Don’t Let Emotions Get the Best of You

Ever had a day when you felt a bit out of sorts? Not a grumpy or bad attitude, but a day when you knew your perspective was in danger of sliding south and that you just weren’t looking at things the right way?  I hate it when my perspective goes out of balance.  I could turn into a fire breathing dragon without much provocation. 

What happens is that I take the stress and strain from one situation and connect it to another.  The two may not be related, but because I am feeling off balance and emotional they get tossed together anyway.  This sort of thing can be hell on a relationship.

 The interesting thing is I can tell when other people are doing this, but didn’t readily identify it when I was the one doing it.  When a single parent friend of mine was feeling stressed about her house payments, getting the kids ready for school, making dinner on time, having enough to go around at dinner, and constantly having to run errands by herself, she started complaining to her boyfriend.  Now, none of those things were actually his fault, they were all things in her own circumstances under her control, but because she was feeling out of sorts and somewhat emotional, he got to hear about it which made him feel guilty, or bad, or mad, like he was inadequate, or out of sorts wondering what he’d done wrong.

 It works both ways, I’ve seen guys do the same thing by bringing their work home and not being geared towards family time, they get stuck in “get it done” at work mode and want to just collapse for a few minutes or unwind a bit before being hit with: “take out the trash, set the table, change the baby, walk the dog, or can you cook tonight?” 

 So what is the answer?  How do we stop the cycle of emotional response that can lead to disagreements and hurt feelings?

 Stop, recognize how you feel, what you’re feeling, and why.  Before you address your partner, friend, child, ask yourself some questions:

  • What am I feeling? Anger, resentment, hurt, frustration?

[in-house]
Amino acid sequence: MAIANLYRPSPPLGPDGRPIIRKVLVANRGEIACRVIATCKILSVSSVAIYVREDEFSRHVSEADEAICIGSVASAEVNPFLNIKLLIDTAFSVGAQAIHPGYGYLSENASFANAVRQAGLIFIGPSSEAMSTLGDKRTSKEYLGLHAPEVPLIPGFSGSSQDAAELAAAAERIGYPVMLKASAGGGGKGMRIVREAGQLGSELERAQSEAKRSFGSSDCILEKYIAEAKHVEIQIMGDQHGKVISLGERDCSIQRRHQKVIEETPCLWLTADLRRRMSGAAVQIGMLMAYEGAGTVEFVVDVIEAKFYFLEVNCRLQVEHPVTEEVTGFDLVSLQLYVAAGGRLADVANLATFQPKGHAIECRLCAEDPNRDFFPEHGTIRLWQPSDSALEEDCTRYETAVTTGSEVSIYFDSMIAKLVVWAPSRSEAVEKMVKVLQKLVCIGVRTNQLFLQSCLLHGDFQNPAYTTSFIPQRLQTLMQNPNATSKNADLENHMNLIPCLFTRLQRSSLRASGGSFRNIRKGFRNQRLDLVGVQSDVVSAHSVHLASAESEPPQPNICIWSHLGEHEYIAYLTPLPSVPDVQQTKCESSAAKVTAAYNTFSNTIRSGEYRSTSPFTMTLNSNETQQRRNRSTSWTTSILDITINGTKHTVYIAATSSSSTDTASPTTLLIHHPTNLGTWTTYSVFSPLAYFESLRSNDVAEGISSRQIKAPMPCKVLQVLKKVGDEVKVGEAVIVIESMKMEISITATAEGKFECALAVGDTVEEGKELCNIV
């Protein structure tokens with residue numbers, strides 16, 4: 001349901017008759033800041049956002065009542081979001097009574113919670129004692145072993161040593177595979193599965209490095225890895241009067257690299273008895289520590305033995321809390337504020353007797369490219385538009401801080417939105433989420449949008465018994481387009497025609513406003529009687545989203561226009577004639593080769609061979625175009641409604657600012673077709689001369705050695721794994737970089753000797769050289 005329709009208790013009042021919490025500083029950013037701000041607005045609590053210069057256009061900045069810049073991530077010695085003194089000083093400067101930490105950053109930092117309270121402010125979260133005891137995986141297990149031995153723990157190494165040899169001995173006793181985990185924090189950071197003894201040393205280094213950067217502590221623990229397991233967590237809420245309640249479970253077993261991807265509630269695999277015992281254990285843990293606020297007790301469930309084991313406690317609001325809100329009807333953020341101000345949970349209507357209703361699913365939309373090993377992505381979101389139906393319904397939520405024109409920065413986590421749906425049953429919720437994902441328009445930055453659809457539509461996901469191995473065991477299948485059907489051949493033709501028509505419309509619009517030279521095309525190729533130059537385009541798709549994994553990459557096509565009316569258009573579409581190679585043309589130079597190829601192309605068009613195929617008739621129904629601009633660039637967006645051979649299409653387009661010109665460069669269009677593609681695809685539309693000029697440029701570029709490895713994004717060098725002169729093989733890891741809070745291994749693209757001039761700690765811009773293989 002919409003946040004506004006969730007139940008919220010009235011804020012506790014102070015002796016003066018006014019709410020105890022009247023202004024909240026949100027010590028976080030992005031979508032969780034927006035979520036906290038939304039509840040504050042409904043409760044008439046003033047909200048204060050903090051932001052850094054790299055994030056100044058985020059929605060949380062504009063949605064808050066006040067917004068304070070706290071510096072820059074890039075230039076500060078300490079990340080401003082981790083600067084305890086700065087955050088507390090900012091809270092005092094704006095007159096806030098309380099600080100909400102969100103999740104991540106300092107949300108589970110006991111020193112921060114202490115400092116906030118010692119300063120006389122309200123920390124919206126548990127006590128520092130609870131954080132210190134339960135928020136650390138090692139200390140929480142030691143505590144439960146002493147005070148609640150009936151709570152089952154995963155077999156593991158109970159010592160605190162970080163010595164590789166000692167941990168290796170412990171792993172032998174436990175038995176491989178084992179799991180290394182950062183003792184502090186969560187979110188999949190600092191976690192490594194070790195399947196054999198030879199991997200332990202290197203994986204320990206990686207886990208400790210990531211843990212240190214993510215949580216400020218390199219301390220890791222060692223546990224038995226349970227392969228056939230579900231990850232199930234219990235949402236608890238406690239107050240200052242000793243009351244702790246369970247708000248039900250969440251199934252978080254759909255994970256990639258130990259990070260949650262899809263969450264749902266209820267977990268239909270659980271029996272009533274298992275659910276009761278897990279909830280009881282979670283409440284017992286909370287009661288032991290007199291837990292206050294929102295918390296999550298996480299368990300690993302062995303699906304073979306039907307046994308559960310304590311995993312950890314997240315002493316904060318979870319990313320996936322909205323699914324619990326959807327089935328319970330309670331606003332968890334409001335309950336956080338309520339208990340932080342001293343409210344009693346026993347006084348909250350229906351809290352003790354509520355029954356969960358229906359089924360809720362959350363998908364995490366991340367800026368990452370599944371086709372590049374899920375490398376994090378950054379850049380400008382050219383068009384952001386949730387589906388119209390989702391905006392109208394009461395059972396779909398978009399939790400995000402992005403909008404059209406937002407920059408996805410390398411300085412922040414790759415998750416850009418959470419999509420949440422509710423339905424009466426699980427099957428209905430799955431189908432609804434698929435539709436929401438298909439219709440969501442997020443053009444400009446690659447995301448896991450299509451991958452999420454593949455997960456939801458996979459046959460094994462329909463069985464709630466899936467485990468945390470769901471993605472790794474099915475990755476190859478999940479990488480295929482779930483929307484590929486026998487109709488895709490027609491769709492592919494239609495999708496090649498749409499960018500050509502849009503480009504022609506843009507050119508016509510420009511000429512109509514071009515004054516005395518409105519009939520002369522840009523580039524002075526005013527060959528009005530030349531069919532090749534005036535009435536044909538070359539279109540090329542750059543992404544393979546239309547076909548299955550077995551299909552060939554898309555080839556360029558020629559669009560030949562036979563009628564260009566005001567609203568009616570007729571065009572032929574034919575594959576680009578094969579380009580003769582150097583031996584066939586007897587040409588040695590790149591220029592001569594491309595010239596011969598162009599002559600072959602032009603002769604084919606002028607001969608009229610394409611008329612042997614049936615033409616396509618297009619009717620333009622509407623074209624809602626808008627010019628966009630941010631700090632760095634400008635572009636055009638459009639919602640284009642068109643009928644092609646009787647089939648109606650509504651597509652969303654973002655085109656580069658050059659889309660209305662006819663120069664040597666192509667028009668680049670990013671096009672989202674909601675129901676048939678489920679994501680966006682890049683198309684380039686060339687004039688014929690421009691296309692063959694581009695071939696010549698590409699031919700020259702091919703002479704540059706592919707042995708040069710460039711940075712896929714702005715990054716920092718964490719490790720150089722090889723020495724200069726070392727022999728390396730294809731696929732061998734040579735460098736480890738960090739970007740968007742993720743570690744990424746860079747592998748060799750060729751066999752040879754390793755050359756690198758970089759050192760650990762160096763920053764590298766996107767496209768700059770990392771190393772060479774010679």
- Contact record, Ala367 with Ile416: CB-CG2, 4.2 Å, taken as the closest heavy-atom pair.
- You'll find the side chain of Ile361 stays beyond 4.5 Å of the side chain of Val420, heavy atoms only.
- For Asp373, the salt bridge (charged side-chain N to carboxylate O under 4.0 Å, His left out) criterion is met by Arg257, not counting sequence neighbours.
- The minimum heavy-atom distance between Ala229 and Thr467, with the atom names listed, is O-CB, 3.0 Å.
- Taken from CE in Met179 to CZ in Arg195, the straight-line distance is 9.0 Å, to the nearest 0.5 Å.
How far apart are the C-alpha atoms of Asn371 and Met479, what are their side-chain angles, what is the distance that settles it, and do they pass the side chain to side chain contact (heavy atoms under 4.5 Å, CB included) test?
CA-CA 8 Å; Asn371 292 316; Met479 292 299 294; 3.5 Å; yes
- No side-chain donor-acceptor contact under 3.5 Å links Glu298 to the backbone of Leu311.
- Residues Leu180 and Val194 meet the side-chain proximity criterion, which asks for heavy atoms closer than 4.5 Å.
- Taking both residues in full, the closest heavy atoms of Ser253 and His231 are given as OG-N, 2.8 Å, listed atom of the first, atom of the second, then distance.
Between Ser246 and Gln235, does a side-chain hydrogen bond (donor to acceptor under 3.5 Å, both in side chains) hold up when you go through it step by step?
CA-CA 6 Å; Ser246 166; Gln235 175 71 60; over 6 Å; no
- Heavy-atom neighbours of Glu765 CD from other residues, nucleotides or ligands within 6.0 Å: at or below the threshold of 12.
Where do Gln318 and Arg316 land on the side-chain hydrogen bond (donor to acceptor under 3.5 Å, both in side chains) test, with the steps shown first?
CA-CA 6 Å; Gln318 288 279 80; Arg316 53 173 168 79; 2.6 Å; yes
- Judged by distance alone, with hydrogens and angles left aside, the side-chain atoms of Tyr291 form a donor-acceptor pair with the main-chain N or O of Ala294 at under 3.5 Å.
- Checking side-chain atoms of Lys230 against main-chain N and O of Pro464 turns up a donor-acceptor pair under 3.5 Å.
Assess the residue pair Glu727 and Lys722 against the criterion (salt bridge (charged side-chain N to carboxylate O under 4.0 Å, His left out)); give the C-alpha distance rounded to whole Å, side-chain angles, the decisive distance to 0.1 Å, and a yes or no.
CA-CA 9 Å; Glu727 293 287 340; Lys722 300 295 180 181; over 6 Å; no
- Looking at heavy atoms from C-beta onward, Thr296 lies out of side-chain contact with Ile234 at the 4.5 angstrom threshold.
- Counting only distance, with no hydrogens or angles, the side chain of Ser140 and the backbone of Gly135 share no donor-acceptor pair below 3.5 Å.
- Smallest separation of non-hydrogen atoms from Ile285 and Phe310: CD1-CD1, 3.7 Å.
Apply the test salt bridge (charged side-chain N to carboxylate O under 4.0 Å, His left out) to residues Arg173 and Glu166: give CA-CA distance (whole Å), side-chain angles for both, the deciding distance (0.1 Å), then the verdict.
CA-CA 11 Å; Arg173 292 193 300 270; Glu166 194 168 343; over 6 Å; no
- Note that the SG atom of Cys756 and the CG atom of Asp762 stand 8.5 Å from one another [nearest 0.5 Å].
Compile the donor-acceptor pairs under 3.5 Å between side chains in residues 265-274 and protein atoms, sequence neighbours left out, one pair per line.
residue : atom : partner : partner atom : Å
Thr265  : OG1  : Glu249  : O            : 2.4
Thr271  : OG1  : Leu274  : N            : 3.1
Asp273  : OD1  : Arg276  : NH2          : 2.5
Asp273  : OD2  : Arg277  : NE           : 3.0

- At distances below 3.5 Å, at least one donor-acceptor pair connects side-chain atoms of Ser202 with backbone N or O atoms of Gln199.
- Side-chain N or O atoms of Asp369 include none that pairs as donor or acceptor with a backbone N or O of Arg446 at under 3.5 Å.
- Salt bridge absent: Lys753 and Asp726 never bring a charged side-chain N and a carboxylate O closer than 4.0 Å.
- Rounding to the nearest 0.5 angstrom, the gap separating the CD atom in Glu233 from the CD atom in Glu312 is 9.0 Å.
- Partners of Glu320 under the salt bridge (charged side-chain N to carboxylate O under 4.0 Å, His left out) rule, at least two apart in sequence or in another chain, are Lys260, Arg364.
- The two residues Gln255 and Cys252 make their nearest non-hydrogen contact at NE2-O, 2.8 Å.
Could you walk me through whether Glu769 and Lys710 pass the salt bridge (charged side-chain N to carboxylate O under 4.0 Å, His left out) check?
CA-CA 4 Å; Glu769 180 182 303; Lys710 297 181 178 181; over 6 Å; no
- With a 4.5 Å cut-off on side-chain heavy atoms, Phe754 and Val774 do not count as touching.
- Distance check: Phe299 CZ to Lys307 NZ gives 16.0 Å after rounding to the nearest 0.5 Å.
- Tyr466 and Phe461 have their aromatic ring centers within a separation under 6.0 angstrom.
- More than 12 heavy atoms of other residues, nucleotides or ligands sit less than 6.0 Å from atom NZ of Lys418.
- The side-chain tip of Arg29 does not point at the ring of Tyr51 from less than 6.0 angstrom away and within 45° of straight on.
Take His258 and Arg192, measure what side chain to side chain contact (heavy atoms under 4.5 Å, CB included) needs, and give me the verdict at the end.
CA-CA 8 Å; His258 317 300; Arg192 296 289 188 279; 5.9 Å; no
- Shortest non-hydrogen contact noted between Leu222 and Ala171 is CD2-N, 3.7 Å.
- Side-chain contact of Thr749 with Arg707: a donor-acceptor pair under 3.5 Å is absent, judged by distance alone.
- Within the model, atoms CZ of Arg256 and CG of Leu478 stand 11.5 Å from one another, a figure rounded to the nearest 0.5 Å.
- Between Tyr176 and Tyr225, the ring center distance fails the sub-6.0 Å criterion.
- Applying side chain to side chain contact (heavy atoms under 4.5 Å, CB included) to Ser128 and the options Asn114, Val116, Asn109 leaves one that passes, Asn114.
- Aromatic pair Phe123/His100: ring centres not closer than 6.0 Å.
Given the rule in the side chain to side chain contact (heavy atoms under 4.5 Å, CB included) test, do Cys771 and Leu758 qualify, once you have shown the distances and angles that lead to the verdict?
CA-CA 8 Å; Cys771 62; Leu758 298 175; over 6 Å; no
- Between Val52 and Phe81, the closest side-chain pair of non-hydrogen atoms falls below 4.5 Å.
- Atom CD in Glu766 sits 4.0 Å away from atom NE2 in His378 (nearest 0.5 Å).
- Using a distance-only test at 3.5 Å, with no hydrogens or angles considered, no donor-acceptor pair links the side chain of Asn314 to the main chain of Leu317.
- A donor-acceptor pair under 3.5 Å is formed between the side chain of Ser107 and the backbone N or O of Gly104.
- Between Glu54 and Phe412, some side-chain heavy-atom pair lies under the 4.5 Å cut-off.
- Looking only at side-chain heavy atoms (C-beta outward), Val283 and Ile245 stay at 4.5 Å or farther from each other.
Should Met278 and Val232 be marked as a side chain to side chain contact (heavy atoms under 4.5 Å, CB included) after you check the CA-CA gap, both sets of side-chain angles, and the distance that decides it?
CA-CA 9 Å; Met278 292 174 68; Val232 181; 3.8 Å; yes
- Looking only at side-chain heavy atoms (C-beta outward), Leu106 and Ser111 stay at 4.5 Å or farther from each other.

• Why am I feeling these emotions?  Instead of playing the – all too easy trap of laying blame or pointing fingers at someone else – Ask yourself, what am I doing or not doing right now that makes me feel that way?
  • Are the obstacles you are seeing real?  Sometimes we put obstacles in our own path and they become excuses to make things easier to explain or not do. 

Obstacles such as:          

  • It’s too hard
  • No one will help me
  • I’m too young/old
  • I don’t have the money
  • It will cause drama
  • I don’t have the energy

 Stopping yourself to find out the true cause of your frustration before addressing someone else can make all the difference in your relationship and day for both of you.  No one likes to be unloaded on for things they really have no control over and may not even be responsible for.

 All relationships are dependent on communication.  If you don’t state it, then don’t expect it, because no one is a mind-reader.  If you live together and you find yourself overwhelmed, then discuss and divide duties to meet each other half way, help each other out.  That way no one feels like demands are being made later. 

Above all make time to put everything else aside, including other people, cell phones, televisions, radios, and all other distractions and just listen to each other.  If someone is really and truly important to you then make the time to listen to them, and allow them to know you better by sharing with them as well.

 Cherry Coley ©